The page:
By Alun John and Sumeet Chatterjee
(Reuters) – Standard Chartered PLC (StanChart) has set aside $900 million (691 million pounds) to cover fines resulting from regulatory investigations in the United States and Britain, potentially drawing a line under probes which have dogged the bank for years.
News of the provision, made for the fourth quarter of last year, comes ahead of a strategy update from the bank along with its 2018 earnings results on Tuesday, when Chief Executive Bill Winters is widely expected to outline an overhaul of operations.
In a filing to the Hong Kong Stock Exchange on Thursday, StanChart said the provision related to the potential resolution of U.S. investigations into alleged violations of U.S. sanctions, and for probes relating to foreign exchange trading.
The filing is the first time the bank has quantified the possible cost of the investigations. Previously it said only in filings that it was “not practicable” to estimate the financial impact because the range of potential outcomes was too broad.
StanChart also included in the provision a 102.2 million pound fine from Britain’s Financial Conduct Authority related to historical financial crime controls. It said it was considering its options in relation to the penalty.
The British regulator declined to comment when contacted by Reuters.
StanChart has been the subject of multiple investigations by U.S. authorities into its dealings with Iran, which is the subject of heavy U.S. sanctions.
In 2012, the bank agreed to pay $667 million to settle alleged sanctions breaches from 2001 through 2007. It also agreed deferred prosecution agreements with the Department of Justice and New York County District Attorney’s Office. The agreements were extended to March 31 this year in December 2018.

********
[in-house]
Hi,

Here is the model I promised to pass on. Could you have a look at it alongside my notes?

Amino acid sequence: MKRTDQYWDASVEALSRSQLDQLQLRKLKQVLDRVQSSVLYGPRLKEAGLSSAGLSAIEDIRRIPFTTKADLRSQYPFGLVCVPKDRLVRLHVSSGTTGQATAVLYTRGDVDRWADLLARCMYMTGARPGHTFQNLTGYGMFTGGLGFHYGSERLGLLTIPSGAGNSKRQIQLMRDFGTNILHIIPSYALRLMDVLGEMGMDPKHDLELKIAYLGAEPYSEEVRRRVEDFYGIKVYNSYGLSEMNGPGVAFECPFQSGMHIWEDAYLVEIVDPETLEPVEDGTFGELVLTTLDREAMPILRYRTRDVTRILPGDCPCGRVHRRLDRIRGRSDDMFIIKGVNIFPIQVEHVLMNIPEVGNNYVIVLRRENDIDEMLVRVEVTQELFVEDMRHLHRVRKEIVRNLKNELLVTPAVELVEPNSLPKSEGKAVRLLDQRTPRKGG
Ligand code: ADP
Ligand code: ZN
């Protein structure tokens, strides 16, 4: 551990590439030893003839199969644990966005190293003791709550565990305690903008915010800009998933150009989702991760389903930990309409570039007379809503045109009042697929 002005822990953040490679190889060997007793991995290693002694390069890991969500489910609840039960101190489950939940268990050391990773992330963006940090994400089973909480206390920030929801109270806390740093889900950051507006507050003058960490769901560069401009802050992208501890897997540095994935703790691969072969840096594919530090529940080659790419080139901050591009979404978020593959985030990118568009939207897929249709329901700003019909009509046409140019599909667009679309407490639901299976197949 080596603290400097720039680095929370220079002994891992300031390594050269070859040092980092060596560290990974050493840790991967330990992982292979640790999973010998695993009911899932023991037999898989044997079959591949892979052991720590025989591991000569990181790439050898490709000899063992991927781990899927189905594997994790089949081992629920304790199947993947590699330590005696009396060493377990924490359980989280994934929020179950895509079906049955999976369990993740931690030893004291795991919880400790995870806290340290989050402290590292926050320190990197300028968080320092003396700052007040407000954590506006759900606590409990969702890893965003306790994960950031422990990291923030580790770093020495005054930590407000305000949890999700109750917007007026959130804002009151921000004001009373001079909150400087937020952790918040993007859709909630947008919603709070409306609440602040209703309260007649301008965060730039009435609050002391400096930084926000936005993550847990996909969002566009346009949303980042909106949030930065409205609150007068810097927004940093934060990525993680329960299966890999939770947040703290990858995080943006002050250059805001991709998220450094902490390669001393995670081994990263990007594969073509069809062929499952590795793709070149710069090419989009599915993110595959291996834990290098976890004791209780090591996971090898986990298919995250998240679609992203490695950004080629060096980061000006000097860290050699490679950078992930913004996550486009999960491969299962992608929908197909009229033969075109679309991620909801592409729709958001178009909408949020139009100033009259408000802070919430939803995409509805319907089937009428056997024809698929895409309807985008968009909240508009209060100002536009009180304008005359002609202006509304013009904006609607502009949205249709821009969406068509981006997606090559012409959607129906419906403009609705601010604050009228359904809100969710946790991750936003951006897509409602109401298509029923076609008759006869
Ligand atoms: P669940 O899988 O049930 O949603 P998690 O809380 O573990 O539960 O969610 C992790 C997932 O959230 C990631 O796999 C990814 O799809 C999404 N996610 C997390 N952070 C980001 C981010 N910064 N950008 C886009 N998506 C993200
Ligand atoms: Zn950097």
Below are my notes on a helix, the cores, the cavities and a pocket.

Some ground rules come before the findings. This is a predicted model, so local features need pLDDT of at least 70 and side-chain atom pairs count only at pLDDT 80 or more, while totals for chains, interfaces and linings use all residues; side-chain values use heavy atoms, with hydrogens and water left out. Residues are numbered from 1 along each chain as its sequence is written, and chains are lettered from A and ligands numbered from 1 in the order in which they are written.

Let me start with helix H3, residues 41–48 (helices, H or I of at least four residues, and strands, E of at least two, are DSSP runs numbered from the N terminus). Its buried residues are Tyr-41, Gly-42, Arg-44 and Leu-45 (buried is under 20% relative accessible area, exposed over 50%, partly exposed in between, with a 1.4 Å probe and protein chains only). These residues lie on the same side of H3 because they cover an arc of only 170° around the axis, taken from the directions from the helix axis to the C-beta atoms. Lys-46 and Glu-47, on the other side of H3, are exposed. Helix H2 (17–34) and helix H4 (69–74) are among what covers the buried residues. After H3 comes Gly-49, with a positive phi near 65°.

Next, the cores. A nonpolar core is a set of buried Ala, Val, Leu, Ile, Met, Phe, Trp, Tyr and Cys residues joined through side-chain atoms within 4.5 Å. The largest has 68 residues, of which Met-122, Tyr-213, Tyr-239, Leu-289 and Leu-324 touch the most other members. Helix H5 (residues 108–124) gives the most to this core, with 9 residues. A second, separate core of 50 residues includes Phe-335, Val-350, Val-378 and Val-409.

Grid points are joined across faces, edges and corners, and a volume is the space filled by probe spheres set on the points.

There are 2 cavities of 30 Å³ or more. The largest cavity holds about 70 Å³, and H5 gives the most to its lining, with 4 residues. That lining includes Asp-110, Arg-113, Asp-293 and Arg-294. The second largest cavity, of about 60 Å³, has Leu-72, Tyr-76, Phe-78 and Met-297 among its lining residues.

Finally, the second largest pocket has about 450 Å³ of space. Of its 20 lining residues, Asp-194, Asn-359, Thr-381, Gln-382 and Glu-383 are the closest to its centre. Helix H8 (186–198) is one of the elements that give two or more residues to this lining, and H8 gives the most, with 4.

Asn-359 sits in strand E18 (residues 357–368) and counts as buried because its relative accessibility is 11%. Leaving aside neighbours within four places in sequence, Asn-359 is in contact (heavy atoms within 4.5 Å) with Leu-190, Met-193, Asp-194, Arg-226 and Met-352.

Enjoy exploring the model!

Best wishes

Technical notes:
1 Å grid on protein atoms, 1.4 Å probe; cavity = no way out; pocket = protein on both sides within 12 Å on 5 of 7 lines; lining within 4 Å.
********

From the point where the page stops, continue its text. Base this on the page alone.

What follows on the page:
The current investigations are examining the extent to which the bank allowed clients with Iranian interests to conduct transactions after 2007, as well as the extent to which it shared such dealings with authorities at the time of the 2012 settlement.
In October, Winters said U.S. authorities were also investigating whether StanChart breached Iran-related compliance rules as recently as 2013.
Media reports last year said London-based StanChart faced a possible $1.5 billion fine for Iran-related sanctions violations.
The 2018 provision will reduce profit at the bank, which analyst estimates had previously put at $3.9 billion, Refinitiv data showed.
“The provision is huge and unexpected,” said Steven Leung, a sales director at brokerage UOB Kay Hian. However, the impact on StanChart stock might be limited if the profit hit meant future earnings could be flattered by the low comparison with 2018, Leung said.
Hong Kong shares of StanChart fell as much as 1.1 percent in early trade on Thursday. They recovered to trade down 0.1 percent at 0423 GMT, while the Hong Kong market index was up 0.5 percent.
“Though the provision amount is not small, it removes some of the uncertainties related to past issues,” said Hao Hong, brokerage BOCOM International’s head of research.
Last month, New York’s financial watchdog fined StanChart $40 million for attempting to rig foreign exchange transactions from 2007 through 2013 – a penalty which the bank said was also included in the $900 million provision.
Asia, Africa and Middle-East focussed StanChart has seen a slump in fortunes over the past few years as restructuring under Winters repaired a balance sheet hit by excessive lending in the previous decade, but left the bank struggling to lift profit.
StanChart has projected revenue growth of 5 to 7 percent over the next three years, but Jefferies analysts in a report this week said a consensus of analyst estimates was “anchored at the lower end” of the guidance, adding that even this “looked challenging”.
StanChart’s London shares fell 22 percent last year, compared with the 15.6 percent drop at rival HSBC Holdings PLC.
(Reporting by Alun John and Sumeet Chatterjee in HONGKONG and Nikhil Kurian Nainan in BENGALURU; Additional reporting by Donny Kwok in HONGKONG and Aditya Soni in BENGALURU; Editing by Richard Pullin and Christopher Cushing)